LGBTQ Activist Cleve Jones Featured in a "New York Times" Article on the Disappearance of ‘Gayborhoods’
26 Jul 2022
After nearly 50 years of living in the Castro in San Francisco, Author and LGBTQ Activist Cleve Jones is moving from his beloved neighborhood. And that, according to a recent article in The New York Times, is happening across the country as “Gayborhoods” are losing LGBTQ residents. Jones was prominently featured in the article, which focused on why so many are choosing to move from their “gayborhoods.” Many are looking for less expensive areas as neighborhoods become gentrified, while others are finding greener pastures with more amenities in communities that are more accepting than in the past.
Jones’ move is not only sad for himself but also heartbreaking for the Castro. No one represents this neighborhood more than the longtime activist, who has been priced out of his current apartment with more than a 100% increase in rent and will be living in a small house in Sonoma County, California. Jones came to advocacy through his own struggle as a gay man born in the mid-1950s.
As a teen runaway, he was drawn to the progressive life and politics and of San Francisco in the early 1970s. It was there that he met Harvey Milk, the nation’s most outspoken gay elected official. Jones worked in Milk’s City Hall office as an intern until Milk’s assassination in 1978.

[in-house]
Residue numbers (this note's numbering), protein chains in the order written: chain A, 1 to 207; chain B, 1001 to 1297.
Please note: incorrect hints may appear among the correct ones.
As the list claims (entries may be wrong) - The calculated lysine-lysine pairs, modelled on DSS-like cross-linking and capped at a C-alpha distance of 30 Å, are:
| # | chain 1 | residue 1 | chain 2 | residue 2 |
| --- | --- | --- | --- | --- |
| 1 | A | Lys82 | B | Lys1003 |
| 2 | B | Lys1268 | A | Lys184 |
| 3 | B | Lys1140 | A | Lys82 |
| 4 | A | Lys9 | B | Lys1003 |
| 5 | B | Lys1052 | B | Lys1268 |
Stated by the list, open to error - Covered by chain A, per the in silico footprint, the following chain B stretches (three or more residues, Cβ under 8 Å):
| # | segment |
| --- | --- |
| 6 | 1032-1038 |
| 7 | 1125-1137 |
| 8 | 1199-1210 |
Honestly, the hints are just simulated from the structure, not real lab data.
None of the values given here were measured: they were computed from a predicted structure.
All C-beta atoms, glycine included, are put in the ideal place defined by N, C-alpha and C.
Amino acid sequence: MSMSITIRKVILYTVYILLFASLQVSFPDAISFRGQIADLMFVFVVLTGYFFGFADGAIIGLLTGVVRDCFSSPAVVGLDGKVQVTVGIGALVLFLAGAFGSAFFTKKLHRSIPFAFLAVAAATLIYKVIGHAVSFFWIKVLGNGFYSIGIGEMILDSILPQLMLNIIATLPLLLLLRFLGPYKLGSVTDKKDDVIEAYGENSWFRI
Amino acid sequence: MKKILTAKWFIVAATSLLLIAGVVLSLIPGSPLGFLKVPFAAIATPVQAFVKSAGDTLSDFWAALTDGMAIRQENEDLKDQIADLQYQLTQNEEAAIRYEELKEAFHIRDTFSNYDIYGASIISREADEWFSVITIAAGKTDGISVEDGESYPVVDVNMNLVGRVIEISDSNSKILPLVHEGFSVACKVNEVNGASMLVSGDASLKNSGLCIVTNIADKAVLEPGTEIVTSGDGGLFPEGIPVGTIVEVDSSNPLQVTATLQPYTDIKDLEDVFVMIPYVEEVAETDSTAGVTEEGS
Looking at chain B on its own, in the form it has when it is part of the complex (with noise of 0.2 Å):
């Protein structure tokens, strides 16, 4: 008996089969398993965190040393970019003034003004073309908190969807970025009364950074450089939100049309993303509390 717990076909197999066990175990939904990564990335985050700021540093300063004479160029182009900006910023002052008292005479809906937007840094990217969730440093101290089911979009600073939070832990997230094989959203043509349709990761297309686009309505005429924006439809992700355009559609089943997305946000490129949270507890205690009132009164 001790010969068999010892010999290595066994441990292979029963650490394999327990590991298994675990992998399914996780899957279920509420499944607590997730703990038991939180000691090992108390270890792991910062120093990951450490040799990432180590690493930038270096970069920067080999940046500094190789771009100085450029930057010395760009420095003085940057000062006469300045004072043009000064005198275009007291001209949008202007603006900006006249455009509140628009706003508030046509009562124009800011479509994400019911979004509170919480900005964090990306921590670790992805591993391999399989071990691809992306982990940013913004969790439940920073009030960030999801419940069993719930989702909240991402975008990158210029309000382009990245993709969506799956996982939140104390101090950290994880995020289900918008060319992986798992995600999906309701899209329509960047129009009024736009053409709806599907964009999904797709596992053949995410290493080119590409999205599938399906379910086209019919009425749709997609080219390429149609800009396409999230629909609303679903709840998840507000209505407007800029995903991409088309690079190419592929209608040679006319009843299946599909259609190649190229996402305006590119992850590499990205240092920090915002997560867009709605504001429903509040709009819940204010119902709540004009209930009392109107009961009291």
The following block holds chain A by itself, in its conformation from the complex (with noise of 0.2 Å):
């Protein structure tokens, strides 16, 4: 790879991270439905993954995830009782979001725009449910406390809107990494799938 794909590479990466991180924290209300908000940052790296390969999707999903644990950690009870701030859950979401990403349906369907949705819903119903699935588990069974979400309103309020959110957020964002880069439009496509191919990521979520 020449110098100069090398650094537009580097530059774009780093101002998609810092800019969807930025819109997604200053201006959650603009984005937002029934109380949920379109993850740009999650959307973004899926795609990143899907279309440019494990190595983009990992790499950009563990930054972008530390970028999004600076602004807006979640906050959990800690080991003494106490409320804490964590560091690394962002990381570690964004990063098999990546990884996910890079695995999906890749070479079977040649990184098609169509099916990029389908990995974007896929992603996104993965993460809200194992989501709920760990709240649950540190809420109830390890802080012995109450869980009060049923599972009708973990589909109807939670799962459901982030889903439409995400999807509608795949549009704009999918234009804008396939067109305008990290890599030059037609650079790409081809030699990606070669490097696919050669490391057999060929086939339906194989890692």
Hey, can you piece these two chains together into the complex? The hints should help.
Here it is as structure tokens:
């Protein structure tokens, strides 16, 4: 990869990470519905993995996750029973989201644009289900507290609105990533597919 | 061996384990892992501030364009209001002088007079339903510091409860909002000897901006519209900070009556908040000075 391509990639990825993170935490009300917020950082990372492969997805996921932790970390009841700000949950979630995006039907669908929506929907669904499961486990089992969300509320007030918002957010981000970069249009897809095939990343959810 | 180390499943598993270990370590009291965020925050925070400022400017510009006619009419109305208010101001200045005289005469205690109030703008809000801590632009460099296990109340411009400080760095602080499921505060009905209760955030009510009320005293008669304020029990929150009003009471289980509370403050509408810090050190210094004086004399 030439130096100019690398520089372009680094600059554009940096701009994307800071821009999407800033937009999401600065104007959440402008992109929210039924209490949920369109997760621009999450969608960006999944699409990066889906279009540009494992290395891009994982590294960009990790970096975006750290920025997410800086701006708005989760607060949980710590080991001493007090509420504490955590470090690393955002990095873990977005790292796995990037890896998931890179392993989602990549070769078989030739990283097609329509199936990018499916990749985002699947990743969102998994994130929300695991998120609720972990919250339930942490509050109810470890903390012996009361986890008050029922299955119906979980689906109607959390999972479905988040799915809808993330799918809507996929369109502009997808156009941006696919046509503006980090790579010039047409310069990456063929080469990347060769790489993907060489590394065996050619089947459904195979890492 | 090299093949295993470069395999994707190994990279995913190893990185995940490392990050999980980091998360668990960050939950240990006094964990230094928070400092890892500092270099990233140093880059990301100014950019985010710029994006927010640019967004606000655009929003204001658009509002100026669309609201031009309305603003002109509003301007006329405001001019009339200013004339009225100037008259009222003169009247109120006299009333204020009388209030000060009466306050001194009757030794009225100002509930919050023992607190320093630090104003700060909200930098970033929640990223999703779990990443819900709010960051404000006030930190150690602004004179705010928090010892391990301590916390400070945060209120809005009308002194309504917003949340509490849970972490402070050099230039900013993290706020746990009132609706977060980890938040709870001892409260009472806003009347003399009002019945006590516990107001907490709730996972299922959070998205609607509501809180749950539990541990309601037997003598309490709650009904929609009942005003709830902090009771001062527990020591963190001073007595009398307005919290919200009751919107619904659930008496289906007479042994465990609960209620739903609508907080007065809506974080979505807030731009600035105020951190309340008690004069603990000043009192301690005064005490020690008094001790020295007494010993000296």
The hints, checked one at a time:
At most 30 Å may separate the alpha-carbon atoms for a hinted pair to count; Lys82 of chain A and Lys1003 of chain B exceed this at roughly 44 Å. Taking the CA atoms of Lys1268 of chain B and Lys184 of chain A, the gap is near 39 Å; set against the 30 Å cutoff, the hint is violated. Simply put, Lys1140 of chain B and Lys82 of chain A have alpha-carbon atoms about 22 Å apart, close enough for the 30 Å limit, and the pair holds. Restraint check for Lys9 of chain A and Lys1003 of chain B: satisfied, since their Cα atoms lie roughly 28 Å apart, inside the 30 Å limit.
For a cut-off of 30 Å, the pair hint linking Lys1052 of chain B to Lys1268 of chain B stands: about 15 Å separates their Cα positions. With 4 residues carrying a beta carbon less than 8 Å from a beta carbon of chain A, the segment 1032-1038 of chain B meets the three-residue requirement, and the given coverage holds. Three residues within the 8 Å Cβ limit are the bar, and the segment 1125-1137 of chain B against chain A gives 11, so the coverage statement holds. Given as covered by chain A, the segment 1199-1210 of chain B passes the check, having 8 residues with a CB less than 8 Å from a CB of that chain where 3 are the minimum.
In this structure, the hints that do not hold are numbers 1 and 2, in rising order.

With the onset of the AIDS epidemic, Jones rose up to organize the gay community and raise awareness, co-founding the San Francisco AIDS Foundation (SAF) in 1983. Unlike the movements of today which rely heavily on digital marketing and social media, Jones grew the SAF into one of the largest and most influential advocacy organizations of its kind through grassroots efforts.
In 1987, he founded the NAMES Project AIDS Memorial Quilt, the world’s largest community arts project, memorializing the lives of more than 85,000 Americans. Jones’s first book, Stitching a Revolution: The Making of an Activist chronicles his life and how the AIDS Memorial Quilt project sought to restore hope in a time of tragedy and fear. He is also the author of When We Rise: My Life in the Movement.
Jones led the 2009 National March for Equality in Washington D.C. and also served on the Advisory Board of the American Foundation for Equal rights, which challenged California’s Proposition 8 in the U.S. Supreme Court, winning a landmark victory for marriage equality.
Since 2005, Jones has been a Community and Political Coordinator with UNITE HERE, a labor union that represents 270,000 working people across Canada and the United States in the hotel, gaming, food service, manufacturing, textile, distribution, laundry, transportation and airport industries.
“Gayborhoods are going away,” Jones said in his interview with the Times. “People need to pay attention to this. When people are dispersed, when they no longer live in geographic concentrations, when they no longer inhabit specific precincts, we lose a lot. We lose political power. We lose the ability to elect our own and defeat our enemies.”